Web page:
The 2007 Chevy Malibu got 24 city, 32 hwy.

The 2008 Malibu hybrid will get 24 city, and 32 hwy.

That's it?? Thats the best GM can do? Hopefully their other hybrid models will show a more impressive MPG improvement.

Increasingly, I am becoming convinced that there is no hope for the U.S. auto industry. What a huge disappointment.

Hey, GM -- just in case you've decided to listen to your prospective buyers, I will offer this bit of wisdom from the market place: we don't want hybrid cars that get the same mileage as last year's non-hybrid models. We want comfortable cars that get great mileage, and if hybrid technology delivers that, then we will buy them. We will not buy a hybrid just because you slap a hybrid logo on it. What we expect is that there to be some benefit to the hybrid technology, like great gas mileage.

Gas Back at $3.20, set to go higher.

Because of a flood in Kansas that impacted a refinery, our gas prices in Minnesota have jumped almost overnight from $2.95 to $3.20.

I hope to goes to $5. I firmly believe thats the only way that we'll be able to find the national will to make the change.

If it were up to me, I'd slap a $2/gallon tax on gasoline and use it to fund national healthcare. Kill two birds with one stone.

Biking to work, thanks to Al Gore and Live Earth.

I was inspired by the Live Earth event. So much has been written about it that I won't elaborate. Suffice it to say that Live Earth inspired at least one person (me) to start thinking differently about getting to work.

I commute about 6 miles to work one way. It occurred me after signing the Live Earth pledge that, hey, if the weather is nice, its not too windy, rain is not expected and I don't have to pick up the kids -- I could bike into work and save a gallon of gas in the Mountaineer. So far I've had 3 recent opportunities to ride the bike.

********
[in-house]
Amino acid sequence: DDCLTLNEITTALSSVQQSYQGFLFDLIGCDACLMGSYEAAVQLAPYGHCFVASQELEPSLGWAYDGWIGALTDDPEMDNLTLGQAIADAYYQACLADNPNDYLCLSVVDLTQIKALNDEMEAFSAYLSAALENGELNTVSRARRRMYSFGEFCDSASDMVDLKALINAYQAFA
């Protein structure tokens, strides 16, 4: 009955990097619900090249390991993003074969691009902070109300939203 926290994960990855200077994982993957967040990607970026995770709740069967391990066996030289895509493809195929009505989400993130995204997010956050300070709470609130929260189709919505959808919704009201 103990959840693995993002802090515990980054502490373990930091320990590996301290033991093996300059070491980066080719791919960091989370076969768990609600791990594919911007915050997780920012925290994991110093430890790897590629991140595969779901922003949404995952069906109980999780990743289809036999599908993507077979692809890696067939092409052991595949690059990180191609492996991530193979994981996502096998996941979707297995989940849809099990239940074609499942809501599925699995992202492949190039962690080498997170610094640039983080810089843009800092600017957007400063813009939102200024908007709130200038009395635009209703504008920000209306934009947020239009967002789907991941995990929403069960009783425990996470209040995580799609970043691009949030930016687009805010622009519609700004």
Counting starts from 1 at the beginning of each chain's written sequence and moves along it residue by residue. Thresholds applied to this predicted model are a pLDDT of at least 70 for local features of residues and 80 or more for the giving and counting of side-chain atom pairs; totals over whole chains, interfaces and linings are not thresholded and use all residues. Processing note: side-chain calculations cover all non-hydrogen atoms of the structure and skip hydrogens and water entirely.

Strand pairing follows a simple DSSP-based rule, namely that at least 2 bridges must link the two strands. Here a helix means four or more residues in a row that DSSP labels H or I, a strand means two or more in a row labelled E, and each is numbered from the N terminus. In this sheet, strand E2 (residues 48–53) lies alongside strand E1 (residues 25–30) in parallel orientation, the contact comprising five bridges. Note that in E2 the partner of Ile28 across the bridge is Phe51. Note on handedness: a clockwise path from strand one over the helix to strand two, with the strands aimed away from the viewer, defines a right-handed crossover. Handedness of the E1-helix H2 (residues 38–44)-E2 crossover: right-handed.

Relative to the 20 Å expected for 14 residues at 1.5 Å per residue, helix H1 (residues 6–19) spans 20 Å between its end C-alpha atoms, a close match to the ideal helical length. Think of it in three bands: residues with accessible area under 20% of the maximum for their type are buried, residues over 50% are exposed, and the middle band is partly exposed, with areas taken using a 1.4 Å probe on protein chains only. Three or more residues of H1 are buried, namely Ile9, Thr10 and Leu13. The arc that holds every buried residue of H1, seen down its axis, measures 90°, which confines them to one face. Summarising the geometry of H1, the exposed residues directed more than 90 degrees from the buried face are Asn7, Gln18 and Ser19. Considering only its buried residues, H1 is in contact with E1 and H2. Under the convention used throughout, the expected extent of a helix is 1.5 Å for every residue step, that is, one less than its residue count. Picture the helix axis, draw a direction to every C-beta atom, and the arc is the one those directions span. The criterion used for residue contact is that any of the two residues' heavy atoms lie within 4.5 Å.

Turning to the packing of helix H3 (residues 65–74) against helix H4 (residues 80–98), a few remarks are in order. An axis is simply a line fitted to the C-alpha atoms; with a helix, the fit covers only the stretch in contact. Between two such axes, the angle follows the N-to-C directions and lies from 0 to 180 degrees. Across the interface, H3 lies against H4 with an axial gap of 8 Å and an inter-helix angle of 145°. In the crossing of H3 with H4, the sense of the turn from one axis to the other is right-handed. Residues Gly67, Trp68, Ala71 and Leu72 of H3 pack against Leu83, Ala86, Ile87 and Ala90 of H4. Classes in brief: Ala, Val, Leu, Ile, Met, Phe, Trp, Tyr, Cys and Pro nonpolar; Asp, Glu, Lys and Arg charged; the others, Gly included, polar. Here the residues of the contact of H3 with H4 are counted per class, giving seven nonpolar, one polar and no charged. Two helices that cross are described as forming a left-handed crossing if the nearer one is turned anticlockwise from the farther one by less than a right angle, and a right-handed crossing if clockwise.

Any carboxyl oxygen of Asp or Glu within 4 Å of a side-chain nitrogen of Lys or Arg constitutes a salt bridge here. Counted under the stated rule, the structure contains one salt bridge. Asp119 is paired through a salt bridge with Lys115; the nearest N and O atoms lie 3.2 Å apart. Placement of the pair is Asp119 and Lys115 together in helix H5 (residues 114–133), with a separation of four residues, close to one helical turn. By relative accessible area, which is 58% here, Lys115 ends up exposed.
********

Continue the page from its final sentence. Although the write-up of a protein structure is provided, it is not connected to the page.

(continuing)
Without going too hardcore too fast, Live Earth challenged me to look at what I could be doing. What little steps can I take right now, today, tomorrow, to do just a tiny bit. If its easy and fun, I should be doing it. Eventually, I'll find the strength and will to do the hard things. And so my journey has begun with this baby step.

Tuesday, June 26, 2007

Continuing on in a world with expensive oil: shopping for a hybrid

I had not planned to continue this blog following the end of "World without Oil", but I changed my mind. I find that I enjoy blogging about such things, and one more small voice appealing for change perhaps can't make much too much a difference, but it certainly can't hurt.

The post about the old Sachs moped wasn't just for show. I've actually enjoyed resurrecting the old beast, and have enjoyed riding it to work. There are some qualifications for a "moped day": I need to be able to wear comfortable clothes (i/e no meetings), no kids to pick up, and no rain expected. I had been hitting about 1 to 2 moped days a week, which wasn't bad. On each moped day, I would save about two gallons of gas over driving my Mercury Mountaineer which gets about 13-14 mpg in the city.